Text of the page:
The Fitzroy River turtle is a species of freshwater turtle that lives in south eastern Queensland, Australia and is only found in tributaries of the Fitzroy River. Unfortunately, due mainly to predation and also human interference, these turtles are listed as vulnerable by the IUCN. Conservation efforts are helping, but very slowly.
First the Stats…
Scientific name: Rheodytes leukops
Weight: 8.5 – 9 ounces
Length: 10+ inches
Now on to the Facts!
1.) When they hatch they are not even as long as the average pinky finger.
3.) These turtles are found in rivers with large deep pools and rocky, sandy beds, connected by shallow riffles. They prefer high water clarity, and are often associated with Ribbon weed beds.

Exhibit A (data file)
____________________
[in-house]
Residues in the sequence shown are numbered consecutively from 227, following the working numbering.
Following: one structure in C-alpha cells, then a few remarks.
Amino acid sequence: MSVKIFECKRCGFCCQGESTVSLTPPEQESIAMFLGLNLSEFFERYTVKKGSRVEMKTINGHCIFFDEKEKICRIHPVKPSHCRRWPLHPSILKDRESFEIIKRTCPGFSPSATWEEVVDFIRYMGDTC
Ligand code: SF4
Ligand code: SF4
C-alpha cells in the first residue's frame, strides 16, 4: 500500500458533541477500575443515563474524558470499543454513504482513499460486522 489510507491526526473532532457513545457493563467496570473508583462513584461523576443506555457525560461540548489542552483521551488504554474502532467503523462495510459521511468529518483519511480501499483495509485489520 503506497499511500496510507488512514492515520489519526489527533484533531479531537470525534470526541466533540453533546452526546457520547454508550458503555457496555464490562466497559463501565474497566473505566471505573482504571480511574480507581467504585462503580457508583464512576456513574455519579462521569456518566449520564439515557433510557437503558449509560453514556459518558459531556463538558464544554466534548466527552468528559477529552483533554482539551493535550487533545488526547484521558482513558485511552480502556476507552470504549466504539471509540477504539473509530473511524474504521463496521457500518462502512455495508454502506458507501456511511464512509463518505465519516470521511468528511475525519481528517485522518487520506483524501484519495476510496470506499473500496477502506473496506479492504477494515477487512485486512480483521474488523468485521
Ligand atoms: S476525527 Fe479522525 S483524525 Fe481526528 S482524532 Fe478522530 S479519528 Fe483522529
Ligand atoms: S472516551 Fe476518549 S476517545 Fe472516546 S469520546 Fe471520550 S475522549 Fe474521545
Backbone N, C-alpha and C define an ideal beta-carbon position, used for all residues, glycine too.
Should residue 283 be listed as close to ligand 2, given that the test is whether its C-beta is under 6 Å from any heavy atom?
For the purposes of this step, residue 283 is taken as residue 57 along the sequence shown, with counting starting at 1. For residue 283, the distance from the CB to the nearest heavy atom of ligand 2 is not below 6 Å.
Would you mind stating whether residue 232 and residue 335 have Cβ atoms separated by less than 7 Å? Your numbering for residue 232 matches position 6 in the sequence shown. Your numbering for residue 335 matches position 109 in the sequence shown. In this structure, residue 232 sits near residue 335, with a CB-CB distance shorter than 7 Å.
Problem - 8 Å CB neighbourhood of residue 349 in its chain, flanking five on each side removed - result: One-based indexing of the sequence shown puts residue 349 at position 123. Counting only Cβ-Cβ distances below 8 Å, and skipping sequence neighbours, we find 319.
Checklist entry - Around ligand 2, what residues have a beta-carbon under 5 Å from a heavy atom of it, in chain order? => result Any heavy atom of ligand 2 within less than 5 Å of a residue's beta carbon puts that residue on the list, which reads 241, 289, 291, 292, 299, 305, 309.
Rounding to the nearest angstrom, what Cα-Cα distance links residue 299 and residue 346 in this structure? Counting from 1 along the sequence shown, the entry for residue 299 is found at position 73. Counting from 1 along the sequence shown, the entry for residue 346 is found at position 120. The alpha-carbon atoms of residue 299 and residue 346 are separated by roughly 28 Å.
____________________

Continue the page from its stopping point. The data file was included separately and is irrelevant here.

4.) The Fitzroy River turtle is known to feed on the larvae of aquatic insects, sponges and ribbon weed.
5.) Boat owners have been encouraged to look out for the turtles floating at the surface and go slow for the turtles below the water surface to give them time to get out of the way.
But wait, there’s more on the Fitzroy River turtle!
6.) There are currently several studies describing the habitat and biological characteristics of the Fitzroy River turtle, as well as efforts to save the species.
7.) They can take between 15 – 60 breaths per minute through gills located in their cloaca (their butt)! This process is known as cloacal respiration.
Did you know…?
They can stay underwater for an amazing 21 days at a time!
8.) Nesting occurs between September and October.